Minimum wage rates of pay and a zero hours contract bring a realisation of what life might be like for millions of people, but not an understanding of that life, for who could understand it unless it was one’s only prospect, always and forever.
The England of 2017 differs from that of fifty years ago when there was an unconscious belief in some law of immutable progress. Perhaps it was 1950s America that inspired the confidence that everything would steadily get better and better. An assumption grew that each succeeding generation would enjoy a quality of life better than that of its predecessor. Saving money was about accumulating funds for commodities and experiences that forebears may not even have imagined.
In Italo Calvino’s ‘Marcovaldo’, there is a moment of suddenly being pulled up. The tragi-comic Marcovaldo seeks to escape from the grim reality that surrounds him:
For anyone who dislikes his home and finds it inhospitable, the favorite refuge on cold evenings is the movies. Marcovaldo had a passion for Technicolor films on the wide screen, which can embrace the most vast horizons: prairies , rocky mountains, equatorial forests, islands where you live with a garland around your head. He would see the picture twice and never came out until they were closing the theater; in his thoughts he continued living in those landscapes and breathing those colors. But the return home in the drizzling night, the wait at the stop for tram number 30, the realization that his life would know no other setting beyond trams, traffic-lights, rooms in the half-basement, gas stoves, drying laundry, warehouses and shipping rooms, made the film’s splendor fade for him to a worn and gray sadness.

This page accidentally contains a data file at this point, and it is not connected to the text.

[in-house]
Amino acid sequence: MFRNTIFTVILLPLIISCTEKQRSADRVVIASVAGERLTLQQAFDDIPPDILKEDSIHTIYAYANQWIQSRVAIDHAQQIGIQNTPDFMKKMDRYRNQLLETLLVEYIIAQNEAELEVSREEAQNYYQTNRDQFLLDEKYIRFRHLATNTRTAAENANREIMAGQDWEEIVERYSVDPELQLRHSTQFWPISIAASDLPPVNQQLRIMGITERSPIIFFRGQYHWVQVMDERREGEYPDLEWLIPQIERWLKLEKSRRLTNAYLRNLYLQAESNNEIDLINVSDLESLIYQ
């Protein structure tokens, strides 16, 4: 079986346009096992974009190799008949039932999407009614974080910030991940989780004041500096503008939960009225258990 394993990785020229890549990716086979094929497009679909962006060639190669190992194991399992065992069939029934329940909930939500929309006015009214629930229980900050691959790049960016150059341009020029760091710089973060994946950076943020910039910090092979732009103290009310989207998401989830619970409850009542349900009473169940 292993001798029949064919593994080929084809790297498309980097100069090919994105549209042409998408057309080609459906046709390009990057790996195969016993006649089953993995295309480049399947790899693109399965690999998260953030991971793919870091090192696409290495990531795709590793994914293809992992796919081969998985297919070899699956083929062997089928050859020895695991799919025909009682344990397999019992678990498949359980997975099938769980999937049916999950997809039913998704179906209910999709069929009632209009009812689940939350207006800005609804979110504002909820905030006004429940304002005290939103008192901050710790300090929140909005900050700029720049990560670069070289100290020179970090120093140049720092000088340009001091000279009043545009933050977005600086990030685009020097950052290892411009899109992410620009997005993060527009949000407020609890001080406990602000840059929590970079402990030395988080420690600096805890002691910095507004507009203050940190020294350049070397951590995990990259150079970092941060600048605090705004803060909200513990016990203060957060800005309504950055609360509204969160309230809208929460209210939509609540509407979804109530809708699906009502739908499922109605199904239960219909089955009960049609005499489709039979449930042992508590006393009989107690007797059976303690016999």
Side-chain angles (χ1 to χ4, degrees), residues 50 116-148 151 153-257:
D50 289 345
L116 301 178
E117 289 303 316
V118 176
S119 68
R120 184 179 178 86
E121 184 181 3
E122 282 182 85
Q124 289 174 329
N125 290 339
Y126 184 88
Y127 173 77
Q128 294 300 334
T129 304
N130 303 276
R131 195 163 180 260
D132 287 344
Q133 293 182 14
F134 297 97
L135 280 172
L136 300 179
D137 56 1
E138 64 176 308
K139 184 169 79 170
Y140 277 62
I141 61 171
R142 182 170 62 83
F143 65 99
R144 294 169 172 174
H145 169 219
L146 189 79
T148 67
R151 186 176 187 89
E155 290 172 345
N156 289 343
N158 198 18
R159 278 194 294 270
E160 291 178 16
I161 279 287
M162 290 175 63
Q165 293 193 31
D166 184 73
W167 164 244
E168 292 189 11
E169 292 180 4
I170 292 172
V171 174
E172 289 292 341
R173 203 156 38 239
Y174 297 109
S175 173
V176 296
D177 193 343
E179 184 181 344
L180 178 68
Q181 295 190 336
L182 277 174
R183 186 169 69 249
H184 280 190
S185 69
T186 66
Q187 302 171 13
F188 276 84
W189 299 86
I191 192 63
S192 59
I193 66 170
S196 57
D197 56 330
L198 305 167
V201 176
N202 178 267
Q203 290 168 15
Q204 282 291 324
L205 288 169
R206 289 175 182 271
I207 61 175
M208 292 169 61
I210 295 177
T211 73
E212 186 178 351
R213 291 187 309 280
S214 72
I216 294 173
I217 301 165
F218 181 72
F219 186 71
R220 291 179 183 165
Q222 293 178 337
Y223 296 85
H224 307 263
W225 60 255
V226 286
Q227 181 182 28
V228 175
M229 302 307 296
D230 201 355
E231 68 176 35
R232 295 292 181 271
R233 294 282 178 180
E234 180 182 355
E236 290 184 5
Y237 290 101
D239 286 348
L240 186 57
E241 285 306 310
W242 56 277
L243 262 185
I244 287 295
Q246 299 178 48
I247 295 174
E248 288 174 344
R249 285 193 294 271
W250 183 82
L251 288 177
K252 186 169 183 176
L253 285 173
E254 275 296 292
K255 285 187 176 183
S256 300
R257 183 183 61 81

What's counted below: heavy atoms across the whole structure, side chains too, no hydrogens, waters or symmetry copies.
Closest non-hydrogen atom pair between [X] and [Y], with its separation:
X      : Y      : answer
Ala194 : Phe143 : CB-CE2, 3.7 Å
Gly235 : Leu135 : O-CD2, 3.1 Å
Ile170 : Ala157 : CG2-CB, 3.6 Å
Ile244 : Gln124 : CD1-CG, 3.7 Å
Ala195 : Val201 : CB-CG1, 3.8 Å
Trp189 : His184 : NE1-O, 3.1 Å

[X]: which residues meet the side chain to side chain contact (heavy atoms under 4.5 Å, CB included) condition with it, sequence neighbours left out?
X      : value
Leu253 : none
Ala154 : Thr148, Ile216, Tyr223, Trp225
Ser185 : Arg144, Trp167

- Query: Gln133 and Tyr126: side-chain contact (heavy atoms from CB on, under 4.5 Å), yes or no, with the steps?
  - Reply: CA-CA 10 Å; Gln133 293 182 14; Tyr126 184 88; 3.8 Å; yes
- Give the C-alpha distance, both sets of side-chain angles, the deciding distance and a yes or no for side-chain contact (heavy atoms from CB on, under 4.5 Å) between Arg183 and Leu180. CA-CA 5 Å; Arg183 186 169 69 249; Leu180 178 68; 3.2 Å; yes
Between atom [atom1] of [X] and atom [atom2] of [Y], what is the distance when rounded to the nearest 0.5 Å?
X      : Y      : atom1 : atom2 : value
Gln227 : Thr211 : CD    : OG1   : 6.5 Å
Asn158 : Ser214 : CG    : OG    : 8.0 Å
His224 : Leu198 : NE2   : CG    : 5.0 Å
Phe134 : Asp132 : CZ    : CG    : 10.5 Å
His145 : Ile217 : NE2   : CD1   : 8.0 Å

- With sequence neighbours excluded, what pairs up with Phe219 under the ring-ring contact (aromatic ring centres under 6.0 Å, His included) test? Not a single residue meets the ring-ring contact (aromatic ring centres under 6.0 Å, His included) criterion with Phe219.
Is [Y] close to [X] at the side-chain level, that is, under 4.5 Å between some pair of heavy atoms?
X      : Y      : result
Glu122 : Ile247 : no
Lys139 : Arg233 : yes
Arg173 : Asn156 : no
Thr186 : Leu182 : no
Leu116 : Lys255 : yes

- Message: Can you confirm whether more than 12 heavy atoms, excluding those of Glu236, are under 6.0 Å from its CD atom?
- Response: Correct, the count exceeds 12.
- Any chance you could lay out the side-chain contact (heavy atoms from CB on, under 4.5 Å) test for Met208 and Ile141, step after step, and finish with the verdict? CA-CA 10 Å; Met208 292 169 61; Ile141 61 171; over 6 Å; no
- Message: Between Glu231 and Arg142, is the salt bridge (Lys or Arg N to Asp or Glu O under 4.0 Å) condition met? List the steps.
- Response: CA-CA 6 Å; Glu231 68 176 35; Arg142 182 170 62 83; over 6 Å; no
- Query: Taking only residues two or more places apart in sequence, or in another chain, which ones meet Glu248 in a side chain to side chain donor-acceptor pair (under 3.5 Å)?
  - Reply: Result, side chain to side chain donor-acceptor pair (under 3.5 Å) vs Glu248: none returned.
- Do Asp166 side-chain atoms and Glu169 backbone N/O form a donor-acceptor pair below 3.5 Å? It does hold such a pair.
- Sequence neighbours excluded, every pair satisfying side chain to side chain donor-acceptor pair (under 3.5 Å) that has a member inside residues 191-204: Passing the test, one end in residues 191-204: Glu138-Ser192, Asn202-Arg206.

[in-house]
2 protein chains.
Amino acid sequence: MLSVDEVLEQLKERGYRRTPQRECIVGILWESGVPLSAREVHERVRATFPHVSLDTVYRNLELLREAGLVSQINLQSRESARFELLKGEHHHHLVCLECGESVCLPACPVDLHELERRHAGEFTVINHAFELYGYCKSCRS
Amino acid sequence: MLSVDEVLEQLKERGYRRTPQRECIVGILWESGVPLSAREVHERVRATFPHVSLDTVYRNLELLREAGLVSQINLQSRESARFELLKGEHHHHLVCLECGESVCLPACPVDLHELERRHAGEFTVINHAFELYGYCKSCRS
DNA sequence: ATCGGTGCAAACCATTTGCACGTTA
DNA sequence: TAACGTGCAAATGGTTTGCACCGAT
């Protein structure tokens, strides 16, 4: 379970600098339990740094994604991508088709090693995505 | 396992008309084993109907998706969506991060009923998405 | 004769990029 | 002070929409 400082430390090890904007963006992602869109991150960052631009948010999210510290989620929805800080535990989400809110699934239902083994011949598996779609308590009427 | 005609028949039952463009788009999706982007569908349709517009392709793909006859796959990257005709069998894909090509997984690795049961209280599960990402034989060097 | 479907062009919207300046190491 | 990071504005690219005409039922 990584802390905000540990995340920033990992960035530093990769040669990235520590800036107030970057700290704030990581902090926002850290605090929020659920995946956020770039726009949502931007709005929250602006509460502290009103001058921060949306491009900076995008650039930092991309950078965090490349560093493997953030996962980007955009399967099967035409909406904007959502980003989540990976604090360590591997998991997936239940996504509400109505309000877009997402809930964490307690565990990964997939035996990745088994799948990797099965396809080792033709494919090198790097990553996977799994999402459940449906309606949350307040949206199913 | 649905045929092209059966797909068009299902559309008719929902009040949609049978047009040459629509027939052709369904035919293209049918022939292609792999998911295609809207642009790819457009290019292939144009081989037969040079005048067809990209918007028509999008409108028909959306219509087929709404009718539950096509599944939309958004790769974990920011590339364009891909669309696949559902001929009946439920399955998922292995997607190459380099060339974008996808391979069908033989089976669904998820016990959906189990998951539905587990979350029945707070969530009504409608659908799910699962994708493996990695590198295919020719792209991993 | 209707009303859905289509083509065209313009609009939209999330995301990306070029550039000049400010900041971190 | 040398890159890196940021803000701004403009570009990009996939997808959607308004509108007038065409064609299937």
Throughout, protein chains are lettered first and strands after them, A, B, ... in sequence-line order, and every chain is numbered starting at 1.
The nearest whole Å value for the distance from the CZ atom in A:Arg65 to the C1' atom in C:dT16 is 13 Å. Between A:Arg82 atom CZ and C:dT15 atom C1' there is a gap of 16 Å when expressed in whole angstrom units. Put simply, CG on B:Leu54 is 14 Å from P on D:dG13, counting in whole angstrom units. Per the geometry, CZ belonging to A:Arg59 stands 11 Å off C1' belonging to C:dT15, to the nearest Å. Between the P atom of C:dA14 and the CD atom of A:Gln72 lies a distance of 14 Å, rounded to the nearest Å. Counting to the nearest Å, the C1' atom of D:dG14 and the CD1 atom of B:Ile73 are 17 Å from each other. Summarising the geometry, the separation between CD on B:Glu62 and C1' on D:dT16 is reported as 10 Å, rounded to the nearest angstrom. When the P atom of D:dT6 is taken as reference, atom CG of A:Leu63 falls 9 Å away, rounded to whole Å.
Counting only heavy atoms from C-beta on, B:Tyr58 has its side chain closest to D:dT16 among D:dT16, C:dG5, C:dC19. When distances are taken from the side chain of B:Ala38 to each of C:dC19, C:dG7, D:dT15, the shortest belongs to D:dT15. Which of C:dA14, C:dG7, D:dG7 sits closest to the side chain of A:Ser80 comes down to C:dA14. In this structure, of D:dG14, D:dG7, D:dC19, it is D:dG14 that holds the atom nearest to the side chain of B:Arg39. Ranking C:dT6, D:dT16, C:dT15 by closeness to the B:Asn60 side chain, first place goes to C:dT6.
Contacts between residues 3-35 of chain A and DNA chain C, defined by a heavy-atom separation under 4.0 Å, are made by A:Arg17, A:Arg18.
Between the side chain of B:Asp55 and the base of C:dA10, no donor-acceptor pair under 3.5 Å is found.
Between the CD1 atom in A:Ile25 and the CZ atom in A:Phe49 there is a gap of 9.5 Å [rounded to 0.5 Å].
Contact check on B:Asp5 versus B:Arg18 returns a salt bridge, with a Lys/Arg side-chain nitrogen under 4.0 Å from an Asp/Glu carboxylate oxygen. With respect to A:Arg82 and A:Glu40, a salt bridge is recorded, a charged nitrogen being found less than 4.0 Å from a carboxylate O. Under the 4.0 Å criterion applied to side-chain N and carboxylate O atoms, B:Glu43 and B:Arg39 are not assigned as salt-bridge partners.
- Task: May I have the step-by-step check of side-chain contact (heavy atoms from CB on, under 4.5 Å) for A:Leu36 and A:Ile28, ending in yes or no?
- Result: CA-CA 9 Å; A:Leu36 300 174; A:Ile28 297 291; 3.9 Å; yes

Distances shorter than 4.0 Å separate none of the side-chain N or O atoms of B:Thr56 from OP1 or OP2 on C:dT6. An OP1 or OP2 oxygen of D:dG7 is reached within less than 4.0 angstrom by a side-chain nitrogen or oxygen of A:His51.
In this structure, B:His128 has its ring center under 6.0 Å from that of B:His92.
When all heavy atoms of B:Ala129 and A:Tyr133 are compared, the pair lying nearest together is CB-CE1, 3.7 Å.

Such a plight as that of Marcovaldo is still shared many people. The neo-liberal policies pursued by successive governments mean millions have not had an opportunity to see succeeding generations enjoy the progress that had filled our television screens in the 1960s and 1970s.
More than a decade ago, there was a BBC radio documentary about a woman and her children having to move into the only council housing available, in what was referred to as a “sink estate”, (though why such a label is appropriate is unclear, at least with a sink you can pull the plug and let the bad stuff run away). The woman said to one of her new neighbours that she wouldn’t be staying there long. “That’s what we all say”, said her neighbour. Marcovaldo would have understood, so would the countless people permanently trapped on minimum wages and zero hours contracts.